The US Departments of Agriculture and Health and Human Services failed to tell the public about relevant conflicts of interest on the newly impaneled Dietary Guidelines advisory committee, which a year from now will recommend changes to the government's daily food intake advice.

A Center for Science in the Public Interest analysis reveals that nearly half the roster's 13 members have taken funding from the food and pharmaceutical industries.

None of those industry ties were disclosed by the government; and, according to Robert Post, director of the Center for Nutrition Policy and Promotion, none received waivers declaring that their expertise was needed to round out the committee, which the law requires before scientists with conflicts of interest can serve on federal advisory committees.

When it comes to it, it's pretty obvious that their wealth is much more important than your health.


'Healthy' carbs increase cancer risk

Supports Chapter 8: Why 'five portions'? and Chapter 23: Cancer: Disease of civilization.

Scientists at the German Cancer Research Center (DKFZ), Heidelberg, Germany have published a review of some key biological mechanisms that may provide important metabolic links between nutrition, physical activity and cancer.

These include insulin resistance and reduced glucose tolerance, which are caused by eating a 'healthy' carbohydrate-based diet.

Also included are increased activation of the growth hormone/IGF-I axis, alterations in sex-steroid synthesis and/or bioavailability, and low-grade chronic inflammation through the effects of adipokines and cytokines.

These, too, may be adversely affected by our so-called 'healthy' lifestyle. For example, cholesterol is a major building block in the production of the sex hormones; inflammation may be caused by any form of stress which raises levels of cortisol in the blood as well as high levels of glucose and insulin.

This latest study confirms several earlier studies which have found that a carb-based diet increaes the risk of several types of cancer – and significantly, the ones that are now on the increase.

Dossus L, Kaaks R. Nutrition, metabolic factors and cancer risk. Best Pract Res Clin Endocrinol Metab. 2008; 22: 551-71.
PMID: 18971118

01 November 2008

Patients With Parkinson's and Alzheimer's Diseases need vitamin D

Supports Chapter 11: Our irrational fear of sunlight, and Chapter 26: Diet and the brain

A study by researchers at Emory University School of Medicine published in October 2008 compared the amount of vitamin D, which we get from sunlight, and the prevalence of Parkinson's and Alzheimer's diseases with the amounts of vitamin D in healthy people. The study was over a 15-year period.

What it found was that people suffering these two distressing and debilitating diseases was that they had significantly lower levels of vitamin D than healthy people.

Although the researchers call for more research to be done, it has really been quite obvious for some years that one aspect of prevention of these diseases is to get out in the sun as much as possible. This is particularly important if you live in higher latitudes such as northern Europe, the northern states of the US or Canada. This new study adds weight to what I wrote in Trick and Treat.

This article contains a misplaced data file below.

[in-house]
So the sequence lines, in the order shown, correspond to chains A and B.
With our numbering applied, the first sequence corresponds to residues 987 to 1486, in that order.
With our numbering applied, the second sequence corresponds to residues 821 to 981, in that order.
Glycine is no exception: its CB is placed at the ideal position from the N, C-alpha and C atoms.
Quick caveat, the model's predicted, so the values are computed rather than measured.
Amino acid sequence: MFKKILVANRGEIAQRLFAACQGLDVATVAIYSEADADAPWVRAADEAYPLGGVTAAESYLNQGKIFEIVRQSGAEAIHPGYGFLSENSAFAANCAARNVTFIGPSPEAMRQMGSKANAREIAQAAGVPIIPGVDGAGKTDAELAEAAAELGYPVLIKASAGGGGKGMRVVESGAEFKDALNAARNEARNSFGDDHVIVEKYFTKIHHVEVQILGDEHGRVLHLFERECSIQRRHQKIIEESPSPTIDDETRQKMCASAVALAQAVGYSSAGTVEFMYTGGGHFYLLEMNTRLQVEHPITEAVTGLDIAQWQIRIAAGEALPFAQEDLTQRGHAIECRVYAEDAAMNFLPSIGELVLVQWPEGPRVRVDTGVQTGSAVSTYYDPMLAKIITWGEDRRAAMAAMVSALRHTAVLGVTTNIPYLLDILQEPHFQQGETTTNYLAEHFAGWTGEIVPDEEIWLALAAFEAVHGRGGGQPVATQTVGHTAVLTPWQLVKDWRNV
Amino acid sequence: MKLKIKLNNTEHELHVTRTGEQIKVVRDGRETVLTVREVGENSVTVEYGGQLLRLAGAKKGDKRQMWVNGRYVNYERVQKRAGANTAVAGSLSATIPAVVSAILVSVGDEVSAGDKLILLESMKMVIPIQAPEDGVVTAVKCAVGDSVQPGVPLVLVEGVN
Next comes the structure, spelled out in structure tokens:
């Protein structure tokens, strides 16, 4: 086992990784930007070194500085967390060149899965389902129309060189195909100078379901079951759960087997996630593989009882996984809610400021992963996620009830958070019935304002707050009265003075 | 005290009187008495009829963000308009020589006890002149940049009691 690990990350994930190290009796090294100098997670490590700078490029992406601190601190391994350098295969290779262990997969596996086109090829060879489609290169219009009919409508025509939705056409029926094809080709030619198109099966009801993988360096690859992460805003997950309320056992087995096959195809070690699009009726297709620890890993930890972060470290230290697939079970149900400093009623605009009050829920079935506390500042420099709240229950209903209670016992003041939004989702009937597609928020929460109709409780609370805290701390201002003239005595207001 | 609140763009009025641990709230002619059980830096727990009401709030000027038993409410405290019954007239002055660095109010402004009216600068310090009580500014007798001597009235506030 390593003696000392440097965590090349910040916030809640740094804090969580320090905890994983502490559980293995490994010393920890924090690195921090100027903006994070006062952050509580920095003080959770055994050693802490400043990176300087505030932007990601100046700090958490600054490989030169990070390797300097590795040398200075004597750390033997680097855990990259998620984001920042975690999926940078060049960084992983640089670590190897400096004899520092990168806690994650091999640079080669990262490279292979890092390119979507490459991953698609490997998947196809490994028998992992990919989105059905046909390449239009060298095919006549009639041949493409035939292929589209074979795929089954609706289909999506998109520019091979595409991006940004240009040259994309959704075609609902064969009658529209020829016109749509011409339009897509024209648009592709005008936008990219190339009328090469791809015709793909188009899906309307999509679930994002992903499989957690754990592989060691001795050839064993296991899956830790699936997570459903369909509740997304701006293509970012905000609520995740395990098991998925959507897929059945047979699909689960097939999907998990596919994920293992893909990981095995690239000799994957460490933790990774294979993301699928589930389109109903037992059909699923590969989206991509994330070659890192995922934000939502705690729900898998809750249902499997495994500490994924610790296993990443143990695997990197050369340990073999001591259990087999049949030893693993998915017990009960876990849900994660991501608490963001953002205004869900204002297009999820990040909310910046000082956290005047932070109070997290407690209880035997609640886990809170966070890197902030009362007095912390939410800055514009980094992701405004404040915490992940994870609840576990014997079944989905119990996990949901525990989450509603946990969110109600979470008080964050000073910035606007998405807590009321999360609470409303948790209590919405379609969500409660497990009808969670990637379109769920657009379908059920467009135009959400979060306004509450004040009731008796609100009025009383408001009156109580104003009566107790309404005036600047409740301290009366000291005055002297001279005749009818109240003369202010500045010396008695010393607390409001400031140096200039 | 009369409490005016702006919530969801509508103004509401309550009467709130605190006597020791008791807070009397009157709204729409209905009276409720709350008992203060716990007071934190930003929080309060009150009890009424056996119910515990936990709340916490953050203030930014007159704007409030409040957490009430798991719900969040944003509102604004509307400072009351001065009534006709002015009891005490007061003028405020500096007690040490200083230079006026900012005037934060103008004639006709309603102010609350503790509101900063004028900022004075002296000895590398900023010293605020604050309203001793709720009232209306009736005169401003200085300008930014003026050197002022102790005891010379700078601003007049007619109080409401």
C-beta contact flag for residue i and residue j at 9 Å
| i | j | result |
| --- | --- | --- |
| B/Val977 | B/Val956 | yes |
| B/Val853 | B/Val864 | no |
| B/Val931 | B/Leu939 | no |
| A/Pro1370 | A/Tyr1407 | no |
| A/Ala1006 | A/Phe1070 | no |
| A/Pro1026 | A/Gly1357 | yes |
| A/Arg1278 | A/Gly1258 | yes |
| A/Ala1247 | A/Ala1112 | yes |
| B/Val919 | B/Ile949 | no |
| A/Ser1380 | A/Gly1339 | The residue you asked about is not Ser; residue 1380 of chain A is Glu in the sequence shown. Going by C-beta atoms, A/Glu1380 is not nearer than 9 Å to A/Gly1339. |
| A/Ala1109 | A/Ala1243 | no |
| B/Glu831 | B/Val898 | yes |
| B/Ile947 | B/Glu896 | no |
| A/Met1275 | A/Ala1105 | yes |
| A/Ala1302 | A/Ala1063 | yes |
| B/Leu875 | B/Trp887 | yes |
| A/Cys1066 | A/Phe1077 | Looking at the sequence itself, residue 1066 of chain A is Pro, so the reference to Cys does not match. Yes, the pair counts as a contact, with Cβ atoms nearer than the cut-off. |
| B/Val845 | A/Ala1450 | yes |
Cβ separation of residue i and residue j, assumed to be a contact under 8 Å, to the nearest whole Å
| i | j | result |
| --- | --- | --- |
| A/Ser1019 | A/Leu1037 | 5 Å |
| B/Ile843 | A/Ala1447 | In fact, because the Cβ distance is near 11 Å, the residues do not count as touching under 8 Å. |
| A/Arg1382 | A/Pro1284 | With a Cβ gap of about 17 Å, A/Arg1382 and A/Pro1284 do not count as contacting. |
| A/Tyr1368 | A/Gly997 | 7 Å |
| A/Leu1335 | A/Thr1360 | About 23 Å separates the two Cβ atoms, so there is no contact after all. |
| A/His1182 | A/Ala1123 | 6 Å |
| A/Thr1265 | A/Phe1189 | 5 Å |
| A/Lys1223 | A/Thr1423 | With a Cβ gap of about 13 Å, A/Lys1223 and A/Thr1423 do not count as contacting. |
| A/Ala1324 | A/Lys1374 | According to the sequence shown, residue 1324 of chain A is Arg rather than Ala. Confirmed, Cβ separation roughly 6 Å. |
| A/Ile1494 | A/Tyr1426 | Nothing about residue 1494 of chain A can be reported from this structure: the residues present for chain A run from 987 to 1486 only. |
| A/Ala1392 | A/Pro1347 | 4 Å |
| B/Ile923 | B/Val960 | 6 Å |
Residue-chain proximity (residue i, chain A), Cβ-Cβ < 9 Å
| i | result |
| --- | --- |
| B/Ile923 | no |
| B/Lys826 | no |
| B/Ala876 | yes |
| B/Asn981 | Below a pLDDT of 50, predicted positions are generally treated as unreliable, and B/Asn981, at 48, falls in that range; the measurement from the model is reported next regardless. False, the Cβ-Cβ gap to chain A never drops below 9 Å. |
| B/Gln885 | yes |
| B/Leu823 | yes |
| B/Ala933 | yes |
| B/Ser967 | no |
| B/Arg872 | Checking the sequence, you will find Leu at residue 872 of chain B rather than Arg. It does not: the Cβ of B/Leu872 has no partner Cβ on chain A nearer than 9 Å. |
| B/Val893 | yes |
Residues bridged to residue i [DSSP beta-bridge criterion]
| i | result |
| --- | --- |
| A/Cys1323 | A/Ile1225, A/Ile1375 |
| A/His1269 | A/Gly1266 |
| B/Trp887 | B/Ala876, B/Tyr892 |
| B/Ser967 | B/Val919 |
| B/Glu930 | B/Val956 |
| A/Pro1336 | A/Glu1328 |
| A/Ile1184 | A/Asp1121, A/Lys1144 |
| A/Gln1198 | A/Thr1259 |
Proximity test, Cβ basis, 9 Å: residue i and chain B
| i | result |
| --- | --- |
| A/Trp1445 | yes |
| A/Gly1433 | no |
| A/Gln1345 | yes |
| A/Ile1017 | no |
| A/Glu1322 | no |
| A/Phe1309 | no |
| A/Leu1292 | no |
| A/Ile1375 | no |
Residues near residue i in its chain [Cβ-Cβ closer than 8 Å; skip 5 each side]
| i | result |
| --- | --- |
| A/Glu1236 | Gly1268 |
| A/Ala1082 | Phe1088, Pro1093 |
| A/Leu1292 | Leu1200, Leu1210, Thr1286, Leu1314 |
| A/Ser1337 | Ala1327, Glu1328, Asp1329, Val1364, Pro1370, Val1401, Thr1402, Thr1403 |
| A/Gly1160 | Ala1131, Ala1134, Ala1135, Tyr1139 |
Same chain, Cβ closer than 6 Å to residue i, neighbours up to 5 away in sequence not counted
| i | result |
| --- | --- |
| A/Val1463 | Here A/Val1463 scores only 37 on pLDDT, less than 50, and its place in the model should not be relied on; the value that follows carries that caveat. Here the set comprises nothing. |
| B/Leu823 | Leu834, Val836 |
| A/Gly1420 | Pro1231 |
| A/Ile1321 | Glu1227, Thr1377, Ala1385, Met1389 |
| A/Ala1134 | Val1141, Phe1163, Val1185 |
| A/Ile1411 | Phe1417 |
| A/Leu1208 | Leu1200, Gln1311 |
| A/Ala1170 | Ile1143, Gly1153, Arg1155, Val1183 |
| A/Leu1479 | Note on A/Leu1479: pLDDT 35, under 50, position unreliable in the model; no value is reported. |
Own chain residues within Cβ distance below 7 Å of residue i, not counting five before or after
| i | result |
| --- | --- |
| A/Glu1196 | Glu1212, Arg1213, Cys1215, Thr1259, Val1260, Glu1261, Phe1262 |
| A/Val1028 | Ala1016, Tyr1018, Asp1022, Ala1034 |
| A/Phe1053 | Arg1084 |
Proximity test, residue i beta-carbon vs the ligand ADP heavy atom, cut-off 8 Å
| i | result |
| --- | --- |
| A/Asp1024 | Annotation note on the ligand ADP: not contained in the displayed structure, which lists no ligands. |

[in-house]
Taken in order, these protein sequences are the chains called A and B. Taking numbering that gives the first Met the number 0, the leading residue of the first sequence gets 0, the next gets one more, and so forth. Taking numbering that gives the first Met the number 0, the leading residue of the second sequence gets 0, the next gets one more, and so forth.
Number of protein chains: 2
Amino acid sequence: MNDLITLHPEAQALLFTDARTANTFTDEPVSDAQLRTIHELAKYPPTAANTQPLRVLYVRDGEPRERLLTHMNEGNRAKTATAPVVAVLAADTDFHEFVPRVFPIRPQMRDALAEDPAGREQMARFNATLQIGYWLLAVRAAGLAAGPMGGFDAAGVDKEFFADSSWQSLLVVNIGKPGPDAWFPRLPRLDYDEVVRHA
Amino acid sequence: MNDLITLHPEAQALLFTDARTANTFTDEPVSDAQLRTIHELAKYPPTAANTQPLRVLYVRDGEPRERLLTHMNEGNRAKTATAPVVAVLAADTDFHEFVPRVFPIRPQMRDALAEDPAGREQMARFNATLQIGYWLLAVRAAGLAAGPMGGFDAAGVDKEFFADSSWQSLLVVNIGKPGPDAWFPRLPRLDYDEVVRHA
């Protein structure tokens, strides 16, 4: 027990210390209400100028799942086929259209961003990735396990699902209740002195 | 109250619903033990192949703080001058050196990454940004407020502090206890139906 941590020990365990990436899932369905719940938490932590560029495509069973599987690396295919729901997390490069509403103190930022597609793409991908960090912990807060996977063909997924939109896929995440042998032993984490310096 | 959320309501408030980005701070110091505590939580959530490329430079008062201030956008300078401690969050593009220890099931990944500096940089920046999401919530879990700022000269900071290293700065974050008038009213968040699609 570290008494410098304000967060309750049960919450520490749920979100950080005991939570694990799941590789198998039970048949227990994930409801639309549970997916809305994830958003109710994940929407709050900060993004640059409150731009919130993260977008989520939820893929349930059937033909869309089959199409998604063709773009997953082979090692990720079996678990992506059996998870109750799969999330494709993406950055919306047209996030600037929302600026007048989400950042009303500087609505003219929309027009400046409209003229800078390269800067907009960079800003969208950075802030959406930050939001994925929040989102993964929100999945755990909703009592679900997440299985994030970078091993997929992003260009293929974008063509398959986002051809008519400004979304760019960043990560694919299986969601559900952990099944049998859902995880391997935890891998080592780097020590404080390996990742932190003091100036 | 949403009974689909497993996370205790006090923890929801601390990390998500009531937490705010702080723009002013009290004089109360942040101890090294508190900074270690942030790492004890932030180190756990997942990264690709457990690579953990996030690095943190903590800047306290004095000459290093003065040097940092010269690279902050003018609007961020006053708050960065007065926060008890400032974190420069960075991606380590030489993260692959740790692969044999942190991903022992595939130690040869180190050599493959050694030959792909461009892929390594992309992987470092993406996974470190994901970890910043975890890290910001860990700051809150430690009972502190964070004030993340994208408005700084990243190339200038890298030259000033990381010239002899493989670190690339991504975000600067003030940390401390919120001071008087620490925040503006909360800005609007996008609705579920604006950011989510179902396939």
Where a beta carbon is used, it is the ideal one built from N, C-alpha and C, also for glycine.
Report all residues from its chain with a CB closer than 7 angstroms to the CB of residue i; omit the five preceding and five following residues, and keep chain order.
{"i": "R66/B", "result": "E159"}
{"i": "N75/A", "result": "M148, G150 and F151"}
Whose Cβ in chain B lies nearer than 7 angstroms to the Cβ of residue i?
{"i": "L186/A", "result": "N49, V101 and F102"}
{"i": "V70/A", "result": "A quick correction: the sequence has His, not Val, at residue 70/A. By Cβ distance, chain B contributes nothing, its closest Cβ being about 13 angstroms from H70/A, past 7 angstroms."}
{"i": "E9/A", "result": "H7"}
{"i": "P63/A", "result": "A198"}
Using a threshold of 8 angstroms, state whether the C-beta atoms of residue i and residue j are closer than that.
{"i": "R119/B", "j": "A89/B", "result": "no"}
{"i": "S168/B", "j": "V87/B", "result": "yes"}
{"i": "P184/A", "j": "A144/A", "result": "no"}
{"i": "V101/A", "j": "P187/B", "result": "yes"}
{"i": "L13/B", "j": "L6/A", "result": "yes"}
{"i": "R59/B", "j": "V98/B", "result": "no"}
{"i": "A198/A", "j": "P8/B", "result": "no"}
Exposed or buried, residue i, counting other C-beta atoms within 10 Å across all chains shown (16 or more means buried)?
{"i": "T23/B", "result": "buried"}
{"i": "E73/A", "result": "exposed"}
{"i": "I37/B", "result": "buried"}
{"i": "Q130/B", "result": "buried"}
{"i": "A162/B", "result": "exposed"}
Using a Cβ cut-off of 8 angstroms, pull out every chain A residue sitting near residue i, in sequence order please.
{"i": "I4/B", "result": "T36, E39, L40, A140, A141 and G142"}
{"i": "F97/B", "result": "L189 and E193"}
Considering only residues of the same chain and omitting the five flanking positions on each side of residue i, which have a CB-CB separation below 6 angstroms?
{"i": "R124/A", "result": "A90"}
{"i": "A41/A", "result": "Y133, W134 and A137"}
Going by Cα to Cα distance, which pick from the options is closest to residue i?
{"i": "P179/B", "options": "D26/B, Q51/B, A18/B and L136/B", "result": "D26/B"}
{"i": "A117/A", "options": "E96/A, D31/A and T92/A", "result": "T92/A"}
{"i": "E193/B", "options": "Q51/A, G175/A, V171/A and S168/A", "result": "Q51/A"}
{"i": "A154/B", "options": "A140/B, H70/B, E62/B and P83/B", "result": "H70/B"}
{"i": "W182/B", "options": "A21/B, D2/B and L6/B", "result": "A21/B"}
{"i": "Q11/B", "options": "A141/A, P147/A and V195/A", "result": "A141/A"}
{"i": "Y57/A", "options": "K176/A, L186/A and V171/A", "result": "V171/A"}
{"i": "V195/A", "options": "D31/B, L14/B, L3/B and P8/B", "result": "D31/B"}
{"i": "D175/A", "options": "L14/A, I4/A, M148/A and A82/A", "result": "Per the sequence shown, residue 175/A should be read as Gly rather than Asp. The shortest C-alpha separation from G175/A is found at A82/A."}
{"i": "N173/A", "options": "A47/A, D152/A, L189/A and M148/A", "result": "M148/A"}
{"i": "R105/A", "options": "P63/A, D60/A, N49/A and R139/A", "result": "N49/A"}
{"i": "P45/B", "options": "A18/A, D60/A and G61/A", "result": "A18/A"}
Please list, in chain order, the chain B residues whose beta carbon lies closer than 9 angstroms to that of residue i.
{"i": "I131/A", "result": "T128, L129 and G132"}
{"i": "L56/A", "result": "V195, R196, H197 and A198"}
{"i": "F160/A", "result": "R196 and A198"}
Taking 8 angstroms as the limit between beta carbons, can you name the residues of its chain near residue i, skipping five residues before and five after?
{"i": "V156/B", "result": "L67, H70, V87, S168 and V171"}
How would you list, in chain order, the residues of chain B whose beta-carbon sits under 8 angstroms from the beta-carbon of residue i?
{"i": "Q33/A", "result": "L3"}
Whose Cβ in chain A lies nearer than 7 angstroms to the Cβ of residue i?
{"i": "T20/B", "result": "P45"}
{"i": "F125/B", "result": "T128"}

Evatt ML, et al .Prevalence of Vitamin D Insufficiency in Patients With Parkinson Disease and Alzheimer Disease. Arch Neurol. 2008;65:1348-1352.
PMID: 18852350

Low-carb, high-fat should be the preferred diet for diabetics

Supports Chapter 14: The Metabolic syndrome and the glycaemic index, and Chapter 20: Diabetes deceit

A new paper looking at diet in the treatment of diabetes and the metabolic syndrome points out that there is a better way to treat both conditions than the 'healthy' carbohydrate-based, low-fat diet currently recommended. It reverses current guidelines as it recommends reducing carbs and increasing fats, particularly animal fats.

The authors say:
"Dietary carbohydrate restriction in the treatment of diabetes and metabolic syndrome is based on an underlying principle of control of insulin secretion and the theory that insulin resistance is a response to chronic hyperglycemia and hyperinsulinemia. As such, the theory is intuitive and has substantial experimental support.
"It has generally been opposed by health agencies because of concern that carbohydrate will be replaced by fat, particularly saturated fat, thereby increasing the risk of cardiovascular disease as dictated by the so-called diet-heart hypothesis."
The paper then summarises the available evidence and shows that, in fact, substituting fat for carbohydrate actually improves cardiovascular risk factors.
This means that there should be no concern about dietary fat, and that carbohydrate restriction the preferred method for treating type 2 diabetes and metabolic syndrome.

The authors: "emphasize the ability of low carbohydrate diets to improve glycemic control, hemoglobin A1C and to reduce medication."

Which, of course, is what diabetics want. No doubt it will be strongly opposed by the diabetes and drugs industries.

Feinman RD, Volek JS. Carbohydrate restriction as the default treatment for type 2 diabetes and metabolic syndrome. Scandinavian Cardiovascular Journal 2008; 42: 256 - 263.
DOI: 10.1080/14017430802014838